This is a "moment of truth" that shows whether a referee has the best interests in the game or not. The easy route is to ignore the foul and end the match, since the potential goal would not affect the results. However, this ignores the fact that a defender committed a serious foul during regulation time that can and should be punished, and also ignores the fact that a team's goal differential placement in a tournament standing or league table could be unfairly affected by the referee's decision not to call the foul. The defender has committed a Direct Free Kick foul (trips or attempts to trip an opponent) carelessly in the defender's own Penalty Area. Thus, per Law 12, the appropriate restart is a Penalty Kick. This also meets the DOGSO 4D criteria outlined in ATR 12.D.6, thus the fouling defender should be shown the red card and sent off the field for "denying an obvious goal scoring opportunity to an opponent moving towards the player’s goal by an offence punishable by a free kick or a penalty kick". The referee correctly thought about applying advantage to the foul, and did not whistle the play stopped. Once the advantage did not materialize (i.e., a goal was not scored), the referee may indeed award a Penalty Kick to the attacking team even though time has expired. This is noted in Law 14 which allows time to be extended at the end of a period to allow the taking of a penalty kick

Phil Tarzana CA United States Referee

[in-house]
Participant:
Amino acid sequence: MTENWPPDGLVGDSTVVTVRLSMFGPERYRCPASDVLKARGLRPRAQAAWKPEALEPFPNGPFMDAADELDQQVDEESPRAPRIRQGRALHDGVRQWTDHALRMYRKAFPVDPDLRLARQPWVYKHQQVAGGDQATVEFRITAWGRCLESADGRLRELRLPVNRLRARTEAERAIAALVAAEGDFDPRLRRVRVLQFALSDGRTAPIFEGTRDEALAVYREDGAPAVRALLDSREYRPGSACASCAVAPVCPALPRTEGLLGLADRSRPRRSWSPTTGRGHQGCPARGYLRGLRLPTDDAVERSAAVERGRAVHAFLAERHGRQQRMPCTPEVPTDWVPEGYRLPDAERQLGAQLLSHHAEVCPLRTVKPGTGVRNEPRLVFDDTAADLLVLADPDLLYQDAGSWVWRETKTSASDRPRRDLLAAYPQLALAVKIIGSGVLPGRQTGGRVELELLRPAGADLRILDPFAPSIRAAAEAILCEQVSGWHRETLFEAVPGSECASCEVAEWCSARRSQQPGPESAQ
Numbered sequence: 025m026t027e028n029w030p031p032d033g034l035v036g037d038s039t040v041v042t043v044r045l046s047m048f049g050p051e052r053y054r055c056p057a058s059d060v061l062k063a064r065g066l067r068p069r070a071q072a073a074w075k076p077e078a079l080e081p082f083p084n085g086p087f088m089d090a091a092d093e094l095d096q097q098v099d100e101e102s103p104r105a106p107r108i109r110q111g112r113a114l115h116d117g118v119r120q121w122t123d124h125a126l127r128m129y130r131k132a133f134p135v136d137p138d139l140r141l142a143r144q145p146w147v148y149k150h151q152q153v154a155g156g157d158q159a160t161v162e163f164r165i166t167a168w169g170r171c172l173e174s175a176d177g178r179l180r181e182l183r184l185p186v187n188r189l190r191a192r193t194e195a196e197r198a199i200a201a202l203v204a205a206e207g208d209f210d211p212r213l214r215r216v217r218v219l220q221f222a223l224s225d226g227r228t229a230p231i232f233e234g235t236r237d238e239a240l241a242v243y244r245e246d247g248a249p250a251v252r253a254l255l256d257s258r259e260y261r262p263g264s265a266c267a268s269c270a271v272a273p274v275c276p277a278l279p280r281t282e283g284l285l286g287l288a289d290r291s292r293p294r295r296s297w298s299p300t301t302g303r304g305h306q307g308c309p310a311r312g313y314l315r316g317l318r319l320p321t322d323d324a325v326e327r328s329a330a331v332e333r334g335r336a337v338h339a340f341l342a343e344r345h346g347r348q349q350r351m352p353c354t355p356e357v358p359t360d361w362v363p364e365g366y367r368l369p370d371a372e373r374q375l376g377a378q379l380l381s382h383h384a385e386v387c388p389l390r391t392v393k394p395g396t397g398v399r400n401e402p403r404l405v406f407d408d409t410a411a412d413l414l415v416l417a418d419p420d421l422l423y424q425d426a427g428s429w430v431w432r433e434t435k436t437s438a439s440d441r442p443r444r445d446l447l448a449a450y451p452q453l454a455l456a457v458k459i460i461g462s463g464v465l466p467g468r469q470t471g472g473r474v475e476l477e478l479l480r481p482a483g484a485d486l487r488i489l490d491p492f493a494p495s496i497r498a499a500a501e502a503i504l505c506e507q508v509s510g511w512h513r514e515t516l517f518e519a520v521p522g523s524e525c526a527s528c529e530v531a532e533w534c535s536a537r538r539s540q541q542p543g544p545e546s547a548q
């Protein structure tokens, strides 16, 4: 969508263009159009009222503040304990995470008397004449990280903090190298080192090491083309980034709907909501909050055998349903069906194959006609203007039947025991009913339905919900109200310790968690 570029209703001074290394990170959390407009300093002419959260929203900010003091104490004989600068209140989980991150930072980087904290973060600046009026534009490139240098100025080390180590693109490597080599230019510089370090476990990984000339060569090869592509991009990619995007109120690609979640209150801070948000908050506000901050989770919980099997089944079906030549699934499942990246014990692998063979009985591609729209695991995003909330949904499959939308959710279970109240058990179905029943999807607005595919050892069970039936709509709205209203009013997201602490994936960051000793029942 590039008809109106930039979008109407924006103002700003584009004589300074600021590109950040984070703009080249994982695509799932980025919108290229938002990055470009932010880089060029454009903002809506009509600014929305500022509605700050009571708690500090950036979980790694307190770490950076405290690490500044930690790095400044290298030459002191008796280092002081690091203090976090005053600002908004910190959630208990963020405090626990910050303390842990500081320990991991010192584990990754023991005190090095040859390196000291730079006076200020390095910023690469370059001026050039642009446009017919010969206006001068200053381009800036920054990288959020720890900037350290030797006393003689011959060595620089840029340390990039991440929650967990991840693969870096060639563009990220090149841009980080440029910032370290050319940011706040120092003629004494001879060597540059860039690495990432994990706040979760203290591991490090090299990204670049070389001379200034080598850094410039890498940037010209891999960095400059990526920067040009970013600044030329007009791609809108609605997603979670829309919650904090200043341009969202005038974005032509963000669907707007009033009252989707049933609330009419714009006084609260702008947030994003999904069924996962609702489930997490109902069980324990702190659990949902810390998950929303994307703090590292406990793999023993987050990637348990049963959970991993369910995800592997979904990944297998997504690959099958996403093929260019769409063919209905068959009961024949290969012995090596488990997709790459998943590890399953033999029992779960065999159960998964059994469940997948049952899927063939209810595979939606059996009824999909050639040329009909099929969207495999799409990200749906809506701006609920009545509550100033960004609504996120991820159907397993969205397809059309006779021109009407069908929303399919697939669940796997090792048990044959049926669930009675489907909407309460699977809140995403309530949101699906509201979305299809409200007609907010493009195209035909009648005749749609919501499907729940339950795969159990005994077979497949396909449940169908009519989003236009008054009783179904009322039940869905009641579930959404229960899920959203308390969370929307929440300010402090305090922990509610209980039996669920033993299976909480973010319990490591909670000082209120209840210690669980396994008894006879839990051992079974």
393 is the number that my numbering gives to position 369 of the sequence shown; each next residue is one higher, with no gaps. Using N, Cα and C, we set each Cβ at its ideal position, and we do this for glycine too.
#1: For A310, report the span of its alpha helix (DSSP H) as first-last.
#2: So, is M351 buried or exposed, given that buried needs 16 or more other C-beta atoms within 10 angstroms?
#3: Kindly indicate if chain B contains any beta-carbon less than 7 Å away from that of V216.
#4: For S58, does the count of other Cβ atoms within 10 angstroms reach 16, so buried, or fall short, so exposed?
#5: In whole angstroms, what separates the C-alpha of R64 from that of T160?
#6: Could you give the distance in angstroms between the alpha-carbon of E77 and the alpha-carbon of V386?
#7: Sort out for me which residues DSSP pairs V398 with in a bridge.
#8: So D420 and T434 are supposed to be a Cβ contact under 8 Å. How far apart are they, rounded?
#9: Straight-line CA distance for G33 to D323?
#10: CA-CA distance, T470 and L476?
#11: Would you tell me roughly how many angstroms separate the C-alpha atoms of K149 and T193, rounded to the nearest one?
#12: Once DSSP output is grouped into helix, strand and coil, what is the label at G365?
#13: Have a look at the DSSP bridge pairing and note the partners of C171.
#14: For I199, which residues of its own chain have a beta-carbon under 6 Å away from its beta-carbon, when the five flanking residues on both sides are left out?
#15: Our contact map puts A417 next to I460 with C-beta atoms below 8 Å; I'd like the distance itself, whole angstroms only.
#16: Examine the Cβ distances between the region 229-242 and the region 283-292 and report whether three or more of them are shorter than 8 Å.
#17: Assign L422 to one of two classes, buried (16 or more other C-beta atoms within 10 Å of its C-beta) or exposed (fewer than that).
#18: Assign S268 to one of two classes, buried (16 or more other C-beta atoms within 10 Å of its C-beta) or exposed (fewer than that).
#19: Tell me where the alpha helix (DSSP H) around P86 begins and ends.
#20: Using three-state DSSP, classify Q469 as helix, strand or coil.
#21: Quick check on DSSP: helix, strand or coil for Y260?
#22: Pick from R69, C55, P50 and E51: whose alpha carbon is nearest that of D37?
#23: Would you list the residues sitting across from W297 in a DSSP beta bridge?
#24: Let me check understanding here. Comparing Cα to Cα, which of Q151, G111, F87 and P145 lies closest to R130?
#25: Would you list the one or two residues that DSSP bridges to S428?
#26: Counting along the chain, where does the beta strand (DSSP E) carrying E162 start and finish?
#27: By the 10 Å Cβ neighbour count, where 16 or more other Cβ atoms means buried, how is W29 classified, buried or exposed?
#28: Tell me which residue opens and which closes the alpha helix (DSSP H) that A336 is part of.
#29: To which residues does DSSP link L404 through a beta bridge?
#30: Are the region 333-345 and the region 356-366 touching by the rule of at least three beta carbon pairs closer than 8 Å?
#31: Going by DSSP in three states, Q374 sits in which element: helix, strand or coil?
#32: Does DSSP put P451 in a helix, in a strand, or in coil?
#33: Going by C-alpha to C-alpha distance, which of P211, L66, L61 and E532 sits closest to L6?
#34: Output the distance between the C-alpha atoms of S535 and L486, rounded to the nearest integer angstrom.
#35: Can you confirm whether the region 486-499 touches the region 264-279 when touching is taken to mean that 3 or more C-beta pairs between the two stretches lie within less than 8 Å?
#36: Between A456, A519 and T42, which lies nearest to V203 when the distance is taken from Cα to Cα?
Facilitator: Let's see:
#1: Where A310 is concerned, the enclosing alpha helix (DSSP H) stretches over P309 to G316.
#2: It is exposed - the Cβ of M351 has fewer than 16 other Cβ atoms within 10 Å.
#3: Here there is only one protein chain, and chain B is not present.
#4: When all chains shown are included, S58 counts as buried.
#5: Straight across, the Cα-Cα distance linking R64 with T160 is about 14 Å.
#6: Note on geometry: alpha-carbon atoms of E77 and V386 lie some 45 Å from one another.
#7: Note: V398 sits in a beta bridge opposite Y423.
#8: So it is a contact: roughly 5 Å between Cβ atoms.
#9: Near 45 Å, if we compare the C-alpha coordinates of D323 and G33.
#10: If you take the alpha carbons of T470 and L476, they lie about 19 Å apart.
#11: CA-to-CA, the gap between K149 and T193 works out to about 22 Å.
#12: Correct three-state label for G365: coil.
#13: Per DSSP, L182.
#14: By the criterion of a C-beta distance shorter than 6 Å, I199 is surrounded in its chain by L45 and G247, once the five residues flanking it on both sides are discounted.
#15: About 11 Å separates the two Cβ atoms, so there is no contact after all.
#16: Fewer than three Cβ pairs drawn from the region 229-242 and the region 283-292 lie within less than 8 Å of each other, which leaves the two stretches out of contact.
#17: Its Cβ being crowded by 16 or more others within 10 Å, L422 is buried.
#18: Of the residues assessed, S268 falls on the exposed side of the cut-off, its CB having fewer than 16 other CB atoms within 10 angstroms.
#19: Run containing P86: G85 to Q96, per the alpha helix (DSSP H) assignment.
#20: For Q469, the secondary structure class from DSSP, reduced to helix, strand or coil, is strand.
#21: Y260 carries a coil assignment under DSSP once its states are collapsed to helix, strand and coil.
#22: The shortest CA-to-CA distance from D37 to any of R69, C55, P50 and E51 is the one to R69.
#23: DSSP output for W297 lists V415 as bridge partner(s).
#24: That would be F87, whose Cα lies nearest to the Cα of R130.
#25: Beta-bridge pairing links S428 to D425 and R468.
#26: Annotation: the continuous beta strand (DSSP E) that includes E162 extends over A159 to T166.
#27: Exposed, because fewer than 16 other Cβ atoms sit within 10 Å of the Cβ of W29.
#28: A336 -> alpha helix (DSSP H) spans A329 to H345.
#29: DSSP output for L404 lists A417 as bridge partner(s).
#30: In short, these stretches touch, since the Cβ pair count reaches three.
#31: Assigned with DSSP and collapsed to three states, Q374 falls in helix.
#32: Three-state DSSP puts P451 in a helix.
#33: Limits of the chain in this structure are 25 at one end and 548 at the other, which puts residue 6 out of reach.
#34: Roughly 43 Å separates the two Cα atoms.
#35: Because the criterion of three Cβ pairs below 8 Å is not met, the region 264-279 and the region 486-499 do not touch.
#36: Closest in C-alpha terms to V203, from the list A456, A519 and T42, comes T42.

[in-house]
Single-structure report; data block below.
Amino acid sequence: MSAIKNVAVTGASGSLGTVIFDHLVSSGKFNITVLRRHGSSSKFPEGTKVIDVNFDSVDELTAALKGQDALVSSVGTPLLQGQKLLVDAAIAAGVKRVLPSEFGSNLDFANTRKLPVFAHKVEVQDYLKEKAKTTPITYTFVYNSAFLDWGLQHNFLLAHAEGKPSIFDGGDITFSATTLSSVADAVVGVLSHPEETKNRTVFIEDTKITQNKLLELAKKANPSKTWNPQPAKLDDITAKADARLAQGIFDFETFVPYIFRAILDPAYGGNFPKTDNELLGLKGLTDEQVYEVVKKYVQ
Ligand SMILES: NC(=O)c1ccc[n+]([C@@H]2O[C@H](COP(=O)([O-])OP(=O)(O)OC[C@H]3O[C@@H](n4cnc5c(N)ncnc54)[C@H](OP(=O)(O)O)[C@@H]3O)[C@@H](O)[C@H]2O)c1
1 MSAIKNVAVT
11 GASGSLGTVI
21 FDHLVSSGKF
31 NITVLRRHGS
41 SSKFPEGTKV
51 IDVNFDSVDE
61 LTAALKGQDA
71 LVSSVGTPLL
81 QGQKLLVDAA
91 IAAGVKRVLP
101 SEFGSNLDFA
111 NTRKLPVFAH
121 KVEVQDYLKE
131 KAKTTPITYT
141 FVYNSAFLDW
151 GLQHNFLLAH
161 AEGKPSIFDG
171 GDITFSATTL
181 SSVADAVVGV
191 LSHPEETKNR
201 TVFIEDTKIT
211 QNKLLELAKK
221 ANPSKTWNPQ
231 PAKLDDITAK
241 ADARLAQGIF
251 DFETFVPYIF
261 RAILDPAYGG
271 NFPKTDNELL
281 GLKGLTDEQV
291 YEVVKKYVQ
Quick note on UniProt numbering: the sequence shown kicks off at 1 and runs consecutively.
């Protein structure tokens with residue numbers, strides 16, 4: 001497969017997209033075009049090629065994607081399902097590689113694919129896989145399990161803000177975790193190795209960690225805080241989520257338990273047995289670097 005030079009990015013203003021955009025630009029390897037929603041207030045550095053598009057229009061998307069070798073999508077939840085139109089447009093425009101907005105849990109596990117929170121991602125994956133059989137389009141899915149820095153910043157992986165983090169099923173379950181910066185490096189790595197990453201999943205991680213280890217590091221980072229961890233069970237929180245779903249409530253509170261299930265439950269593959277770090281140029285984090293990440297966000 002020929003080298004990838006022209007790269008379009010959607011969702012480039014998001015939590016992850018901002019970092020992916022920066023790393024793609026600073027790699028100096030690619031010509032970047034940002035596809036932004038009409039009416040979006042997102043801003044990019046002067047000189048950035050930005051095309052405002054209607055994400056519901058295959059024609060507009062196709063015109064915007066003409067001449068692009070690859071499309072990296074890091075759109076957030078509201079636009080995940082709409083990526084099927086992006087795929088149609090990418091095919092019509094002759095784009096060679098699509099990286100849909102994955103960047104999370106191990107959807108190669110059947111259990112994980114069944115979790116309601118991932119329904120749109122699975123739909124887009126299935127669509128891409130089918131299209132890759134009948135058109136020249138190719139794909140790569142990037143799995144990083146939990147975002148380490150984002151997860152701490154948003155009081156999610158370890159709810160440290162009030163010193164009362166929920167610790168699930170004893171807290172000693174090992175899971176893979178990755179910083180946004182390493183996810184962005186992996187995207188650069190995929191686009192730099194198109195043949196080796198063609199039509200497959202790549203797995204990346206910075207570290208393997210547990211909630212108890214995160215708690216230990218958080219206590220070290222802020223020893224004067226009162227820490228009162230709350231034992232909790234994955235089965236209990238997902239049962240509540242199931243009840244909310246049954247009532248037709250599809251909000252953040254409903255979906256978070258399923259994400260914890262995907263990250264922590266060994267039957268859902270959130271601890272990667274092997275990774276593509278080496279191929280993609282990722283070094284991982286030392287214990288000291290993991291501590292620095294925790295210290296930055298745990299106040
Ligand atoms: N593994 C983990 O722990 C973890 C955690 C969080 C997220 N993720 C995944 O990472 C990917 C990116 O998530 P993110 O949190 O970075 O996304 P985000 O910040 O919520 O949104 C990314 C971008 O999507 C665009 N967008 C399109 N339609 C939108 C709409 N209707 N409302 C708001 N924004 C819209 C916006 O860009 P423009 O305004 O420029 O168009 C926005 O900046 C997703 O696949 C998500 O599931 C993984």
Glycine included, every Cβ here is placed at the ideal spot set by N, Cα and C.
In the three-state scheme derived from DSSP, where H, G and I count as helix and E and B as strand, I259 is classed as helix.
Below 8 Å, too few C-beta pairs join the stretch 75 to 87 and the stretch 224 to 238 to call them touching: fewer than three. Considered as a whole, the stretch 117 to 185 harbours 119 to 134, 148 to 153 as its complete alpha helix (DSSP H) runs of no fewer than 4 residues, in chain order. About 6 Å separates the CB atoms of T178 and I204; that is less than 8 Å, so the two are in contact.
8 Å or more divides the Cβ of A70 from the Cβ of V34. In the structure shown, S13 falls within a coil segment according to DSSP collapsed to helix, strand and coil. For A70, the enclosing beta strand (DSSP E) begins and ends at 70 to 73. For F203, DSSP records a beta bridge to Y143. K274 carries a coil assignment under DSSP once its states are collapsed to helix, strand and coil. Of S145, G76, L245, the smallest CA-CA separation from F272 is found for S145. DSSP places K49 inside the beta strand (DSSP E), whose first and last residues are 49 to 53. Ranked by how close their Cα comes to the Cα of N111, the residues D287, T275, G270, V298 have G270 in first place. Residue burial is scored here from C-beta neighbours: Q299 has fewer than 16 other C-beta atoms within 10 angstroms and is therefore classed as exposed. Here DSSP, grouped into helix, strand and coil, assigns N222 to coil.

Penalty kick. Whether or not you signaled advantage, the only advantage is if there is a goal or unfettered shot on the goal. Because the attacker was off balance & therefore affected by the foul (attempt to trip) inside the penalty area, the result is a penalty kick. The foul happened BEFORE time expired, regardless of when the shot was taken, so the referee can go back to the original foul. There are 2 reasons why the "expired" time wouldn't prevent a penalty kick. 1) The defender is now going to get a red card for 1 of 2 reasons. First, already having a yellow, this tactical offense is at least a second yellow & send off. Since that happened during active play, even though it's in extra time, the referee can & should add extra time to issue the 2nd caution & red card for the send off. This alone would be sufficient to allow a penalty kick, as Law 5 gives the referee sole authority to act as timekeeper. The referee can add extra time, even during "extra time". Similarly, it also appears that the 2nd offender would have been given a straight red card for DOGSO. There are 4 considerations under Law 12 (p.130 LOTG 2014-2015): distance to goal (16 yds.), keeping or gaining control of the ball (already had control), direction of play (toward the goal), location & number of defenders (only the GK), & all seem to be met. So even if this defender didn't already have a caution, he could be sent off for DOGSO & the referee could add time for that. 2) Under Law 14 (& also in Advice to Referees on Law 14), a penalty kick may be taken after time is over (provided the foul occurred during the game). It's important that the referee specify whether time has been added to allow the penalty kick (i.e. the game hasn't ended) or that the penalty kick is being taken in "extended time". If it's the former, both teams can participate after the kick is taken (e.g. say a rebound off the post). In the latter, only the GK can participate after the kick is taken.